An Endless Red Carpet for the Most Heroic Star Performance in Art or Life to Angelina Jolie for Changeling
Last year at Cannes, Jolie lost her husband to Islamic terrorists; this year, suggesting a skull costumed for Halloween in a cloche hat and kissable wax red lips, she's no less distracting as the suffering single mother in another true story. The main attraction in Eastwood's two-fisted gothic snake-pit weepie, Jolie loses her child to knaves, psychos, and the entire state institutional apparatus. (Michelle Williams' understated performance in Kelly Reichardt's modest — but cosmic — Wendy and Lucy gave a far greater meaning to the loss of a dog.) Meanwhile, La Jolie put herself in contention for a future chevaliership making multiple tapés rouge appearances in an advanced state of pregnancy and confiding in the press that she would be delighted to have her child born in France.
The Special Prize of the Jerry (Lewis) to James Gray for Two Lovers
While certain French critics have anointed Gray the "Russian Scorsese," Americans consider him, if at all, as a maladroit poseur. Switching from gangsta grit (We Own the Night) to romantic drama, Gray picked up additional hometown support while maintaining his unerring knack for negative credibility (tone-deaf repartee, botched authenticity, bungled local color). Two Lovers stars Joaquin Phoenix in the Adam Sandler role of a bipolar Brighton Beach lad torn between a comely JAP (Vinessa Shaw), a crazy shiksa (Gwyneth Paltrow), and Isabella Rossellini as the world's least likely (yet most annoying) Jewish mother. Gray clinched his prix in telling Libération that his preferred reading includes Jacques Derrida and Louis Althusser — now, as a colleague observed, we know where he gets his dialogue.
A Magic Mirror to Synecdoche, New York
Collapsing in sodden self-reflexivity after a promising 40 minutes, Kaufman's arch, interminable phantasmagoria — with Philip Seymour Hoffman as a Job-like theater director — retroactively improved all but the most miserablist movies I saw at Cannes (and especially Philippe Garrel's equally lugubrious Cannes debut Frontier of Dawn, a typically distended and glumly romantic analog to Two Lovers). For the secondary gain of rendering the festival's minor aggravations pleasures by comparison: Merci.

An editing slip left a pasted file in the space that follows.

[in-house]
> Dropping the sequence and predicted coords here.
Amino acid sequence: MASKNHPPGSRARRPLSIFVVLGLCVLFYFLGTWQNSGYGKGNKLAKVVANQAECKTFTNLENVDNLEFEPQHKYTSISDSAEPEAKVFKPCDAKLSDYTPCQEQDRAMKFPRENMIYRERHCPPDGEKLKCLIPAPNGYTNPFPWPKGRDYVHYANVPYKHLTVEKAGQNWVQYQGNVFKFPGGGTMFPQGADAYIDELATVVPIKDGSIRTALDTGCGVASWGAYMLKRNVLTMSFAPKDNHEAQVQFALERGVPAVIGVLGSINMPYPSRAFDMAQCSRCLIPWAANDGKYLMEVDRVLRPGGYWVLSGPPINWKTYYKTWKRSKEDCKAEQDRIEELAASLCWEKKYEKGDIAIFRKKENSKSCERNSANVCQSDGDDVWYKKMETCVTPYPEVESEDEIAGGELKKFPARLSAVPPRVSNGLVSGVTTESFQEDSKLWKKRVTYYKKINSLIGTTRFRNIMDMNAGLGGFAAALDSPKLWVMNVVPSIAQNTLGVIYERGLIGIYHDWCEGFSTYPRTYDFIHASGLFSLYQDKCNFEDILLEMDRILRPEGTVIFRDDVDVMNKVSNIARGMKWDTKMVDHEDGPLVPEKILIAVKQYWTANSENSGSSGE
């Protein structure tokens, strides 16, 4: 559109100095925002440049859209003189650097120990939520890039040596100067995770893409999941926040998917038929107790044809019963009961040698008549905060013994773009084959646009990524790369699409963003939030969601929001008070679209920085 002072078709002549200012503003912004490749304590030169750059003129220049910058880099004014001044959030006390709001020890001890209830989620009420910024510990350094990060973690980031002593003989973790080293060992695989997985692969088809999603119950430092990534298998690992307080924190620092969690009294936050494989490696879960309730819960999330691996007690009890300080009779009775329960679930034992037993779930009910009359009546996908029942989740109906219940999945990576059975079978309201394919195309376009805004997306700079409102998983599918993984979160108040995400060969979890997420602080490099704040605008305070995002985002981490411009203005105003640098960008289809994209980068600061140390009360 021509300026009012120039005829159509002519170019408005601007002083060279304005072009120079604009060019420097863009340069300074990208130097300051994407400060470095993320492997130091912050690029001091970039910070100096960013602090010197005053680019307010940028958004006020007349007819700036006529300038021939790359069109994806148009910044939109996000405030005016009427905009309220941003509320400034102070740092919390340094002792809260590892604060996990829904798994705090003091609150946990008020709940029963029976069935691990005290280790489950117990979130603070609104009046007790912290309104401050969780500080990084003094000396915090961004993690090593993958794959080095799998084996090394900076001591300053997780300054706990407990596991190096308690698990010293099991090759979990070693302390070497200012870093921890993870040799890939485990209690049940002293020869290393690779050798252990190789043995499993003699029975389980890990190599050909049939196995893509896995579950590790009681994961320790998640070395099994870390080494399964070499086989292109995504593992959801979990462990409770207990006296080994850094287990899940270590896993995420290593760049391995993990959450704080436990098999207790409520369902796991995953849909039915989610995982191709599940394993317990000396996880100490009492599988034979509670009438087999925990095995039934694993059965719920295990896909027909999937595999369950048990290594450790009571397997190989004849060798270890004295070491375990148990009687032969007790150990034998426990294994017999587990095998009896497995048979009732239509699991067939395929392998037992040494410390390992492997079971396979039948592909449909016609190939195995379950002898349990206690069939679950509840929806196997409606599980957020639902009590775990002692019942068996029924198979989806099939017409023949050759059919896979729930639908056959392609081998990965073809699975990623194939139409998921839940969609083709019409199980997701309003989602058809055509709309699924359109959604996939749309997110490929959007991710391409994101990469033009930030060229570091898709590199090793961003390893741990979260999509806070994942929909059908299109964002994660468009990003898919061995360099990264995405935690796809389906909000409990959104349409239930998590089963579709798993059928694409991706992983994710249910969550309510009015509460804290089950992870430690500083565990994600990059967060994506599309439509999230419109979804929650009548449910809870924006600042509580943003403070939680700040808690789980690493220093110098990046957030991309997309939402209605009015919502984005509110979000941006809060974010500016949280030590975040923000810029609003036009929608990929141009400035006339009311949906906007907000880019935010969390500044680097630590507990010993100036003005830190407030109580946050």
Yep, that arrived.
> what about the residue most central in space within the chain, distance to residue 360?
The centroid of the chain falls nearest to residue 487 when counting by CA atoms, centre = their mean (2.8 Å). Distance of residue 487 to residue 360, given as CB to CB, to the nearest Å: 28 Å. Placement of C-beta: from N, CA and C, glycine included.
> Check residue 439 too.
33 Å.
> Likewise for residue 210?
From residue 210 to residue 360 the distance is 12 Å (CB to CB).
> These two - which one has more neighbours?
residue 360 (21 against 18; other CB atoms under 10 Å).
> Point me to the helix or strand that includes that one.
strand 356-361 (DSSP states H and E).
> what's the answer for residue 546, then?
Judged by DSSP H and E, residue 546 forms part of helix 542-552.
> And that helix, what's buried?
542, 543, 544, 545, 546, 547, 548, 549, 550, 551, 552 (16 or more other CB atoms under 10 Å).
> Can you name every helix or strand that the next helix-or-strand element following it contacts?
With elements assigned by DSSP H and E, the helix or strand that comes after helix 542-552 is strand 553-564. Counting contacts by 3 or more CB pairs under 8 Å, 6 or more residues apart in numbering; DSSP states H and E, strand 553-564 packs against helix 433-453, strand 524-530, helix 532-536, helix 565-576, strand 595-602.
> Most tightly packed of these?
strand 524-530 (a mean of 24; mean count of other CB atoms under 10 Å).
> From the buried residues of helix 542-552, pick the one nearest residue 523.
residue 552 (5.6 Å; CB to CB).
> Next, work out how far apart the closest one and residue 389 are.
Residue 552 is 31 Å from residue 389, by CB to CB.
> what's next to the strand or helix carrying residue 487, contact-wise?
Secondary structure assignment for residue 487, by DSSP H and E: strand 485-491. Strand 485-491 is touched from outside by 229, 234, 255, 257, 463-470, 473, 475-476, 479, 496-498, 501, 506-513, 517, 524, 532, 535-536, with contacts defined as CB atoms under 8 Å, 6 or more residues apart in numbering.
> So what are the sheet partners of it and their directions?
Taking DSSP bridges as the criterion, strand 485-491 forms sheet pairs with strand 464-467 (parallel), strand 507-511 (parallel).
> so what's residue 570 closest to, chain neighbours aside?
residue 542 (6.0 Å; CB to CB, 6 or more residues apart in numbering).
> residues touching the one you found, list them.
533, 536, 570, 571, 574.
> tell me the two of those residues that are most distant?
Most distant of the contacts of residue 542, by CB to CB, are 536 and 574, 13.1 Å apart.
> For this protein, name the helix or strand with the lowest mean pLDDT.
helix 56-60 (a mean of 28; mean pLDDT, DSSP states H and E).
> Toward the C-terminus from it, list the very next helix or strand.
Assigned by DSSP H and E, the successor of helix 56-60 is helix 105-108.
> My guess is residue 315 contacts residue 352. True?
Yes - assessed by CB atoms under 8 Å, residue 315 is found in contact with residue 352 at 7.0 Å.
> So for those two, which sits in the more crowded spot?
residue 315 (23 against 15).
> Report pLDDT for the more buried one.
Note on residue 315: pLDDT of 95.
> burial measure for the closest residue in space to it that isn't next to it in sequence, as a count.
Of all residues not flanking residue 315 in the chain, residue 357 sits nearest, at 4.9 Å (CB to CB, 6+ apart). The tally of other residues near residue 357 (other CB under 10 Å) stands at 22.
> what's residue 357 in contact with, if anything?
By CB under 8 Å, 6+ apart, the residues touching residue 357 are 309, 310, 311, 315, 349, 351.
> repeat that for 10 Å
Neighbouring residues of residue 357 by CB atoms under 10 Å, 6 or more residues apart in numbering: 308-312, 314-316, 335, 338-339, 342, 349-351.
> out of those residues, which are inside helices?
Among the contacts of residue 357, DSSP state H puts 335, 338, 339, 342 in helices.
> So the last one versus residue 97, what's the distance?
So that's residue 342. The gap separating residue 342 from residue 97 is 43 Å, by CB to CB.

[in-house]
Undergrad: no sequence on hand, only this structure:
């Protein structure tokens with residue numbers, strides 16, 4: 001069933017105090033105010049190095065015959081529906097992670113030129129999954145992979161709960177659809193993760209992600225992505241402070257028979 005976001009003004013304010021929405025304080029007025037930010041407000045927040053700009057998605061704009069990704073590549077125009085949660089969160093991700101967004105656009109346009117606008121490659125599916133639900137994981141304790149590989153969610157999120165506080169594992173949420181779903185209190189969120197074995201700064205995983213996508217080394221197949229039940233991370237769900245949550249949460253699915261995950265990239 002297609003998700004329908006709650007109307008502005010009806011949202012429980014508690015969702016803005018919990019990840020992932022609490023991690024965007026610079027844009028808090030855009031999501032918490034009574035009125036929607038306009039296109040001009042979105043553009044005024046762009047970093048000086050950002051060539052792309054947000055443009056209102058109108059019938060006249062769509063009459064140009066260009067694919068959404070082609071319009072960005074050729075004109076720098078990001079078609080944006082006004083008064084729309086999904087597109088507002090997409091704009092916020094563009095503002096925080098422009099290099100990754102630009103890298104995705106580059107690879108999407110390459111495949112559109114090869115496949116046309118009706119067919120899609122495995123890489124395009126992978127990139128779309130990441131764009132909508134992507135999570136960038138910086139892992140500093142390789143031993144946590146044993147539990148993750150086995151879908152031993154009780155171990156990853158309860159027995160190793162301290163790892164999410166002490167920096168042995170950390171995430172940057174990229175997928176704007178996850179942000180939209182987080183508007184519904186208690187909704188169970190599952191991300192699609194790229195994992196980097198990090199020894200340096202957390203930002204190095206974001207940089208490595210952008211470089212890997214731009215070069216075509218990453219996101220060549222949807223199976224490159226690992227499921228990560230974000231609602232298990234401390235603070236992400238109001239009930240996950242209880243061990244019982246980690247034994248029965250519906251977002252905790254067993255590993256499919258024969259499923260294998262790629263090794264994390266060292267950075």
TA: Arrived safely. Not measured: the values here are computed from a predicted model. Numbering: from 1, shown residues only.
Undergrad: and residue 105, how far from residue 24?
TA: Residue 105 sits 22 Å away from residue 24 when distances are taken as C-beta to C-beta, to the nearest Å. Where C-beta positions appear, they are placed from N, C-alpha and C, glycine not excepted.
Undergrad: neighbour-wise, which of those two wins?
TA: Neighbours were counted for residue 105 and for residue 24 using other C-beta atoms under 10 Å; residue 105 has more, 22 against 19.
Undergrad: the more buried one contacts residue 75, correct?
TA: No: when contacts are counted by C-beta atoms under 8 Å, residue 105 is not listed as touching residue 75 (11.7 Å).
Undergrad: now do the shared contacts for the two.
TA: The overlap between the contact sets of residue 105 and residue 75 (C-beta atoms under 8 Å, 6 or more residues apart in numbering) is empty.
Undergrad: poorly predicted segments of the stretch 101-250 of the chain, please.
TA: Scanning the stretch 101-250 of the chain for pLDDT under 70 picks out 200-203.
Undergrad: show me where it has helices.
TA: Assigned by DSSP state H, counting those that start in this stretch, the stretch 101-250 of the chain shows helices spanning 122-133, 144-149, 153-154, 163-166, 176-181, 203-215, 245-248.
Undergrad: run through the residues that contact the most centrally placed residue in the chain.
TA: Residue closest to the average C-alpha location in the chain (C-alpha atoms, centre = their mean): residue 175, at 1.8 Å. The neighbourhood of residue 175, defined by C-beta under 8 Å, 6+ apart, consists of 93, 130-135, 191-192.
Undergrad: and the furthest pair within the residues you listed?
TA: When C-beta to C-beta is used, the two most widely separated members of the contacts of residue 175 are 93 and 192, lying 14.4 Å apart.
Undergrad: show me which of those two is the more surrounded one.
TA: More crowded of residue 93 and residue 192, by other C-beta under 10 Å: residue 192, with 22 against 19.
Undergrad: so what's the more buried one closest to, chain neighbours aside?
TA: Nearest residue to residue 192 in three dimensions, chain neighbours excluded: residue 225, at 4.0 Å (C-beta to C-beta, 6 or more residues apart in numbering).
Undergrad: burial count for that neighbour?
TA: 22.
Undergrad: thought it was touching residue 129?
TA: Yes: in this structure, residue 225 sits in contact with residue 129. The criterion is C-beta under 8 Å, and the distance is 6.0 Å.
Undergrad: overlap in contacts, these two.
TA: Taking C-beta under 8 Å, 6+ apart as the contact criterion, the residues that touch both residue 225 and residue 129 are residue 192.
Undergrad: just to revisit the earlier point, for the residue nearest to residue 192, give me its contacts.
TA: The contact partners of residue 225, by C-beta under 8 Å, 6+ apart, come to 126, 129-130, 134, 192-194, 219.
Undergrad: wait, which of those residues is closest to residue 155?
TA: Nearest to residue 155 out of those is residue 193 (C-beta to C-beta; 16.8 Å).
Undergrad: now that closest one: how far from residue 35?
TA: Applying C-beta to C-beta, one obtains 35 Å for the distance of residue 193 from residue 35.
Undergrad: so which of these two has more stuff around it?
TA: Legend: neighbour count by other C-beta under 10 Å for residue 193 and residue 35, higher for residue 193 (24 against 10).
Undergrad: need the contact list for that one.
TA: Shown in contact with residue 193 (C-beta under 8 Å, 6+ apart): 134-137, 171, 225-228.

And finally, as this year's festival passes in history, a Golden Madeleine to Wong Kar-Wai's Ashes of Time Redux
The master of Chinese chinoiserie managed to return to Cannes for the fourth consecutive festival with a restored, rescored, and digitally recolored version of his 1994 exercise in action sword-play and wuxhia nostalgia. Insanely gorgeous, filled with poses and ecstasies, and always trembling on the brink of self-parody, this tale of medieval warriors and the women who can't forget (or remember) them evokes the most extreme mannerism of the '60s — Last Year at Marienbad, Flaming Creatures, Once Upon a Time in the West. Had it been selected by Cannes in 1994, could Ashes of Time have beaten another delirious, time-tripping genre film —Quentin Tarantino's Pulp Fiction? It's highly unlikely (a poll published during the festival named Pulp Fiction the most popular Palme d'Oreate of all time), but it's beautiful to think so. Memories should be made of this.